Relationships always have built in expectations, most of which we aren’t even aware of. The closer the relationship, the more expectations we tend to have. How many times have you been upset with a loved one or they’ve been upset with you and you’re not even sure why? Many of us like to think of ourselves as giving and receiving unconditional love, but it seldom happens.

When there’s an upset within a relationship, it’s often because there is an expectation that wasn’t met. Something that shouldn’t have happened but did, or something that should have happened but didn’t. In other words, a certain condition wasn’t met. Then, one of our “buttons” gets pushed, and we react with anger, frustration, disappointment etc. In the moment we react, our reasons become more important than our love and commitment for the other.

To have expectations is to be human, but blaming another for the way you react isn’t going to help anyone. Only you can be responsible for the expectations/conditions you have placed on a relationship. The idea of bringing baggage into a relationship, then wanting to make the other responsible for it, is as old as time itself. Expectations are conditions we create which place limits on the relationship then make the other responsible for it.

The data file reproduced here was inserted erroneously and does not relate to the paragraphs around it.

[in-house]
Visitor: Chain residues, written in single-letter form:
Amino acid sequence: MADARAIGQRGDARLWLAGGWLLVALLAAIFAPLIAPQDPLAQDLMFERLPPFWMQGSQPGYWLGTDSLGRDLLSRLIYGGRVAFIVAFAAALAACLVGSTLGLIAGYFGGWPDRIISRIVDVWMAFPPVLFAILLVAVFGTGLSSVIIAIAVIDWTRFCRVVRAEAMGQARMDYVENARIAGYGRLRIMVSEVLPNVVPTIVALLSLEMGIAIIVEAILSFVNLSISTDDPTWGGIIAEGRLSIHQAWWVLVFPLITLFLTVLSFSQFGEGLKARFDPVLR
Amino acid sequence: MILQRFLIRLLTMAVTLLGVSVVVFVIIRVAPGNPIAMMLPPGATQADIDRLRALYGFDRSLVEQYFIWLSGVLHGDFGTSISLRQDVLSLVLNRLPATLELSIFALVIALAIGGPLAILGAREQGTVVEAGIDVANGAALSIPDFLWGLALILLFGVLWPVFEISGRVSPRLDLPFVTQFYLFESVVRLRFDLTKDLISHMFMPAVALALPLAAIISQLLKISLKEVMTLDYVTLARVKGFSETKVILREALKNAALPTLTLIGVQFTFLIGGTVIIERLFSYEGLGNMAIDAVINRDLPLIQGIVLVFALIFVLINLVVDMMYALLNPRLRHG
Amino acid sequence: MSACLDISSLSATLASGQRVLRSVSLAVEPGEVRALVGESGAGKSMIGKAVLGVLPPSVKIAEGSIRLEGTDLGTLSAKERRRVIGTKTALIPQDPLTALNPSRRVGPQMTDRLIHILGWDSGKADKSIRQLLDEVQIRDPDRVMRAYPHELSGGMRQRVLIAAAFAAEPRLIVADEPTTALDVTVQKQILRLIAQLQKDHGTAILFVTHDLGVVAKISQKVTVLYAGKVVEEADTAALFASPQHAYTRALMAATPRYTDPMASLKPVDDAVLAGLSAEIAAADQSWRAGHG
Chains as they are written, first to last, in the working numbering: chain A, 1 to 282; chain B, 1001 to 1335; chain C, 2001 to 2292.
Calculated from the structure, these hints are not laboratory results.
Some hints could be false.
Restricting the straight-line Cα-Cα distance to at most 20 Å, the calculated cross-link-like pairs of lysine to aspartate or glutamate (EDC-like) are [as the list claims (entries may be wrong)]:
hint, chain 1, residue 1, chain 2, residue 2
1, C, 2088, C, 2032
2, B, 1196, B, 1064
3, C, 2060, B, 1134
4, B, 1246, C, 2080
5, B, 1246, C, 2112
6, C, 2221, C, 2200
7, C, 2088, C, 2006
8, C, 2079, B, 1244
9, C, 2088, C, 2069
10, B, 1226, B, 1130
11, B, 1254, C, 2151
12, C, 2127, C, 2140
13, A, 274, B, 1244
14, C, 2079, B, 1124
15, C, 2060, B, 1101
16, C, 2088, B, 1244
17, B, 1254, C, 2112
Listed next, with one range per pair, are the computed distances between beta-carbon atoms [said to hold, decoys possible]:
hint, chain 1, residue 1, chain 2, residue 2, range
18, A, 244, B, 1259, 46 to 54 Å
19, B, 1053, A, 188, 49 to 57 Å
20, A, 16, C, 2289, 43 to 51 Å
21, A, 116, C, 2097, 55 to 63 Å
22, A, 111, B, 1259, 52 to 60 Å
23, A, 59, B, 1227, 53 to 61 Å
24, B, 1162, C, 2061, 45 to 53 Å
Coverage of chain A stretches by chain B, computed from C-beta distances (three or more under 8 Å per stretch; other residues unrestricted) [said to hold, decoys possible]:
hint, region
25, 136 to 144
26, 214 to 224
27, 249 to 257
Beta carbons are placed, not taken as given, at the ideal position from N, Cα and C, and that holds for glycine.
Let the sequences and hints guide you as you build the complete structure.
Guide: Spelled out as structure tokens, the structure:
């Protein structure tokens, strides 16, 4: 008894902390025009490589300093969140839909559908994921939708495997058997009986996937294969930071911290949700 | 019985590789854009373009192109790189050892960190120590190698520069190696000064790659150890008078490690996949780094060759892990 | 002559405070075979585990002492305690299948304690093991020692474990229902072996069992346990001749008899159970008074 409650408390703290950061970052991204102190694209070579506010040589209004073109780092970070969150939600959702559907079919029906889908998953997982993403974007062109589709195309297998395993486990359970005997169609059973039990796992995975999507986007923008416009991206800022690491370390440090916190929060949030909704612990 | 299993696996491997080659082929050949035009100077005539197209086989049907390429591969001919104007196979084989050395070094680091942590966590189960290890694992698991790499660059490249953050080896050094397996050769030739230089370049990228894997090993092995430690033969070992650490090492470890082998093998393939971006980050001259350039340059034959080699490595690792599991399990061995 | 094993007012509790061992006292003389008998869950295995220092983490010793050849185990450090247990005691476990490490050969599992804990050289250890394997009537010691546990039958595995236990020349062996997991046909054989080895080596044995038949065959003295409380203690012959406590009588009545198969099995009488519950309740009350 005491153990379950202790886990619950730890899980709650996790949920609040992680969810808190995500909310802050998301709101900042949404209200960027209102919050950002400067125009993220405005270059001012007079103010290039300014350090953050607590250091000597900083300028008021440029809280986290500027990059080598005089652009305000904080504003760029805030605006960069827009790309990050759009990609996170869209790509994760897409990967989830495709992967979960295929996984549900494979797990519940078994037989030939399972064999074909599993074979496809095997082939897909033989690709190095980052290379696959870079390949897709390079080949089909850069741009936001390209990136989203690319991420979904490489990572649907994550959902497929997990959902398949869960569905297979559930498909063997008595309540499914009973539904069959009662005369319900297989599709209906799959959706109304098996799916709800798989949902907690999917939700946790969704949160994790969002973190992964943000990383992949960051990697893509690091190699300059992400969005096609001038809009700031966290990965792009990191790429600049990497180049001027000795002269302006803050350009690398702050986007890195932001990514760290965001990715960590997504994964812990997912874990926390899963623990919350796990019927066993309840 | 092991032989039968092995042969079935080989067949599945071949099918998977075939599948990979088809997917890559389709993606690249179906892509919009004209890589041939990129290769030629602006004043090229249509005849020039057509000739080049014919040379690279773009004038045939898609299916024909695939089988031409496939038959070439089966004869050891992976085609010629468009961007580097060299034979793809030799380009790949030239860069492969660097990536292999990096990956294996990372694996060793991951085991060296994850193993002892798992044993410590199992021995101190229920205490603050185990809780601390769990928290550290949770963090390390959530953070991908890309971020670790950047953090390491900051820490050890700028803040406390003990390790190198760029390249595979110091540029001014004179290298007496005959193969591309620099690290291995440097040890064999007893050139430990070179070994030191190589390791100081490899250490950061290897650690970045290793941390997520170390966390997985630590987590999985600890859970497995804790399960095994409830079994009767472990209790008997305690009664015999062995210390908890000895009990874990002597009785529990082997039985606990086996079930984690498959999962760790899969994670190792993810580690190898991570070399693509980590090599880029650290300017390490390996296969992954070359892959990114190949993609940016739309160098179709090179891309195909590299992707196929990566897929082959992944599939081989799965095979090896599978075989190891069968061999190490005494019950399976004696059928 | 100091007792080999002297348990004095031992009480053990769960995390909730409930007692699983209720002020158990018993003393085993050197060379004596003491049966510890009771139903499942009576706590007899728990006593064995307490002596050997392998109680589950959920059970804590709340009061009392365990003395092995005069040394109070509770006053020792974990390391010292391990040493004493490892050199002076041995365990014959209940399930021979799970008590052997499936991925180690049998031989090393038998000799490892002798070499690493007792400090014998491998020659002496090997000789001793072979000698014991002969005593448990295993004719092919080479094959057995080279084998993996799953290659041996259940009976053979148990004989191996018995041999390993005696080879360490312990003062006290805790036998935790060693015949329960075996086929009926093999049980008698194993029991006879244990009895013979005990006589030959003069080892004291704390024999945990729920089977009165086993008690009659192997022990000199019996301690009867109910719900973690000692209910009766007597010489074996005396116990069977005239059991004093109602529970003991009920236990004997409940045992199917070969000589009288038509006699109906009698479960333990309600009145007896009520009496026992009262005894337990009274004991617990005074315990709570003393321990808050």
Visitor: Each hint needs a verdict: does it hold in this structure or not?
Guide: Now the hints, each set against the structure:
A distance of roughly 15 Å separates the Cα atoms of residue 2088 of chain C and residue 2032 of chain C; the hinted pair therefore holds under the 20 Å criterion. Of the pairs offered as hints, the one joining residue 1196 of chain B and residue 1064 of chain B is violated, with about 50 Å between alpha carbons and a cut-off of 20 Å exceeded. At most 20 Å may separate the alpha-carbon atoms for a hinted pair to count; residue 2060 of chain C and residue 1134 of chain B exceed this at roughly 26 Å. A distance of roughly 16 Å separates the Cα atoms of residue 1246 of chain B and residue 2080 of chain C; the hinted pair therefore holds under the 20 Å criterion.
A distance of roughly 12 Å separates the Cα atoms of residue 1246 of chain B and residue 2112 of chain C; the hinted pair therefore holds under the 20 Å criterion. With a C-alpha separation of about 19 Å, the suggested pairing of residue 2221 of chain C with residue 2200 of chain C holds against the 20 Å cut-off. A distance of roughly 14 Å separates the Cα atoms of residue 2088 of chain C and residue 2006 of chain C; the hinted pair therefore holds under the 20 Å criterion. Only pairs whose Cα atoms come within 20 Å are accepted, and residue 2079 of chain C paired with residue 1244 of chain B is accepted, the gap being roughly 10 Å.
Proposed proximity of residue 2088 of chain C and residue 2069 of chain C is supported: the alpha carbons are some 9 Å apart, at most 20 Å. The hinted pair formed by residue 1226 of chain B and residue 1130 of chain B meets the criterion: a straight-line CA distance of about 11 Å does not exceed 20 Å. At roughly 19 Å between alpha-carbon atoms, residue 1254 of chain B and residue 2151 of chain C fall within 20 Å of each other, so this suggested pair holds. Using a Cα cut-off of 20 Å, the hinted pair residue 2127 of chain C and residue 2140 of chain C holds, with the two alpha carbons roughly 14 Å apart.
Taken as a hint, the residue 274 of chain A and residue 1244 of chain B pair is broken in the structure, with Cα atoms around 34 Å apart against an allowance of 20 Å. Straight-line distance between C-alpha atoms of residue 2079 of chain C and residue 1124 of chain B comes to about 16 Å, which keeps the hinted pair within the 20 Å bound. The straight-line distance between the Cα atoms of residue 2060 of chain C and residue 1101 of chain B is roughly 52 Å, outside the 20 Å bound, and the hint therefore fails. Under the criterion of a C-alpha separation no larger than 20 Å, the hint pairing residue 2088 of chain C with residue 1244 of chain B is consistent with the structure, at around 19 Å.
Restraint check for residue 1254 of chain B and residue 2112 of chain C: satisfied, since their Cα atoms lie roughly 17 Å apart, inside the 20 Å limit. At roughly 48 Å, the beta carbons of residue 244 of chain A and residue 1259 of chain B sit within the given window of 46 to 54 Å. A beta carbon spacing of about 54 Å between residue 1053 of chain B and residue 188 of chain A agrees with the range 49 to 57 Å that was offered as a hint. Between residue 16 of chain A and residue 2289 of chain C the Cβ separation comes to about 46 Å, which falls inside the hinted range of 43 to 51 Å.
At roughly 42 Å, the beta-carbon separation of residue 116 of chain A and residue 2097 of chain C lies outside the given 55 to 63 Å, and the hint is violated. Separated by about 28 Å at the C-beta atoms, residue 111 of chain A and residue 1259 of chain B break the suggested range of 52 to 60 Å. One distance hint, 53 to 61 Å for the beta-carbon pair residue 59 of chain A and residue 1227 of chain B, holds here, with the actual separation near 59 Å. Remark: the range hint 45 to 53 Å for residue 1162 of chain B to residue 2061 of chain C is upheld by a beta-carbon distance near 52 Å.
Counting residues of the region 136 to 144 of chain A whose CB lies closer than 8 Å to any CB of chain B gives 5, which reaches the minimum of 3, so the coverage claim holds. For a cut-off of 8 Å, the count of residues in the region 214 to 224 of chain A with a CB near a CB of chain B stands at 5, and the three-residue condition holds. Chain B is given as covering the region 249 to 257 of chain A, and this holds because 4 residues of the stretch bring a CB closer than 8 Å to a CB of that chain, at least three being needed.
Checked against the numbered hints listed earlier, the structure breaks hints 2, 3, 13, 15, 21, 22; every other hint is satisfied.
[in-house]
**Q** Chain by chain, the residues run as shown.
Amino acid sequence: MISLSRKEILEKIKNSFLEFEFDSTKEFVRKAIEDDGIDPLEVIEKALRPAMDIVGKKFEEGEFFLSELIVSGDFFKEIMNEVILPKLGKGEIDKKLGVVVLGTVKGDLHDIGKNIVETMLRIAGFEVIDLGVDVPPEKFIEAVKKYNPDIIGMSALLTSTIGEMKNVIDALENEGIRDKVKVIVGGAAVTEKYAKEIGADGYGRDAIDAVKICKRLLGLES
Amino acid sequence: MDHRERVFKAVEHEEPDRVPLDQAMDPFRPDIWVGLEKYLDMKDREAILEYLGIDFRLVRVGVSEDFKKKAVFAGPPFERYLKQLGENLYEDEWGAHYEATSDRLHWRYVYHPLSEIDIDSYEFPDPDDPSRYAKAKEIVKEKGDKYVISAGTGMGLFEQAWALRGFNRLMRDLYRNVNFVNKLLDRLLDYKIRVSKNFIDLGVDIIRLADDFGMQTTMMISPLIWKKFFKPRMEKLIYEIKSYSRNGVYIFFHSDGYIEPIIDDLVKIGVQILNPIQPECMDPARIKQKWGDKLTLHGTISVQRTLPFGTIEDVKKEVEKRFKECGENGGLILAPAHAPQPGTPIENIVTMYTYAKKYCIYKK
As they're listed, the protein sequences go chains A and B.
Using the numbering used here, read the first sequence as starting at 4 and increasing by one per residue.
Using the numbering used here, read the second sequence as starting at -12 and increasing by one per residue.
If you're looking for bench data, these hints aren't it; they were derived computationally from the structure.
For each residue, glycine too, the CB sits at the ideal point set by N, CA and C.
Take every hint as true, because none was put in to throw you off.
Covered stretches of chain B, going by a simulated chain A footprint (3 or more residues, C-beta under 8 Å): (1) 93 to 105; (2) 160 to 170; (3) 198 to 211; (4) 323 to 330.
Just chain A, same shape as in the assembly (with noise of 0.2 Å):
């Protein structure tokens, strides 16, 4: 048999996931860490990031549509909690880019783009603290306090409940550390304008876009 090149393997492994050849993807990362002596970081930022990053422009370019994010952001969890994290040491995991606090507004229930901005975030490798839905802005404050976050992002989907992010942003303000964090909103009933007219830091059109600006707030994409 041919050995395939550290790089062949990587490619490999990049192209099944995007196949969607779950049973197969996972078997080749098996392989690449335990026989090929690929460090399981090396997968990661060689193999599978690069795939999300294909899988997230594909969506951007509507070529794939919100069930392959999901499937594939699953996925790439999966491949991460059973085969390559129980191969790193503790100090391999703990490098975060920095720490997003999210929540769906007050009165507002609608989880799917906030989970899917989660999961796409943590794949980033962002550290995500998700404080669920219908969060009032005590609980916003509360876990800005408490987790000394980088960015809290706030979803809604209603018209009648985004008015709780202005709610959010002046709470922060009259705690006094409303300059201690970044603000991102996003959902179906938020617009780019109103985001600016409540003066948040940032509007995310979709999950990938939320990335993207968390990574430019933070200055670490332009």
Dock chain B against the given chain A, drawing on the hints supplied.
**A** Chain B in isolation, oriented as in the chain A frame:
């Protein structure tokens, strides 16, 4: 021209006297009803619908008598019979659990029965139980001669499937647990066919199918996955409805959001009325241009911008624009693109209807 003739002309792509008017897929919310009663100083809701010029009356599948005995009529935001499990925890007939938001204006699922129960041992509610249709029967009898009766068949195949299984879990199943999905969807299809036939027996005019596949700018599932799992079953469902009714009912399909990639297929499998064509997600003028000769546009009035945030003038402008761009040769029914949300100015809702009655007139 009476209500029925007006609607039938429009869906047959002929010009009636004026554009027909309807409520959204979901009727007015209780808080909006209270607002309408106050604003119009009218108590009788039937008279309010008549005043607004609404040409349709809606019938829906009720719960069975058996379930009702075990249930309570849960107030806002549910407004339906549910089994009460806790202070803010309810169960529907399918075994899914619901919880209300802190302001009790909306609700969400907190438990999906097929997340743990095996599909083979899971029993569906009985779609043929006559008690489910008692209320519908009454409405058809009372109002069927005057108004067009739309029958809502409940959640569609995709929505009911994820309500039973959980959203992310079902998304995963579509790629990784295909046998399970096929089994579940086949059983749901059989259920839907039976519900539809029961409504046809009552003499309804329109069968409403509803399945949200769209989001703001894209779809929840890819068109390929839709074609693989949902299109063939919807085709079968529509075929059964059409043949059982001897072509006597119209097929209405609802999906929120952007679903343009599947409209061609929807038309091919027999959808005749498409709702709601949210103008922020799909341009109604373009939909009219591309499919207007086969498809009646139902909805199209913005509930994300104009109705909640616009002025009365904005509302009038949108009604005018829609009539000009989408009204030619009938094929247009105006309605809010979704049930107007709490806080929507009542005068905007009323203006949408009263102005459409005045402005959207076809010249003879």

When we allow our buttons to get pushed and react, we become a victim. The other person seems to be the cause of whatever challenge we perceive; “It’s your fault”, “If you would just stop doing that I wouldn’t get angry” etc. Then, other person reacts to what you did, or said, and they become your victim. It’s like a vicious circle of blame that never seems to end. There is a better way.

As a relationship coach, I help my clients see their expectations then create what they are committed to in their relationship. Together we work on coming from a commitment instead of reacting to your feelings. A clear commitment along with a willingness to practice will go a long way.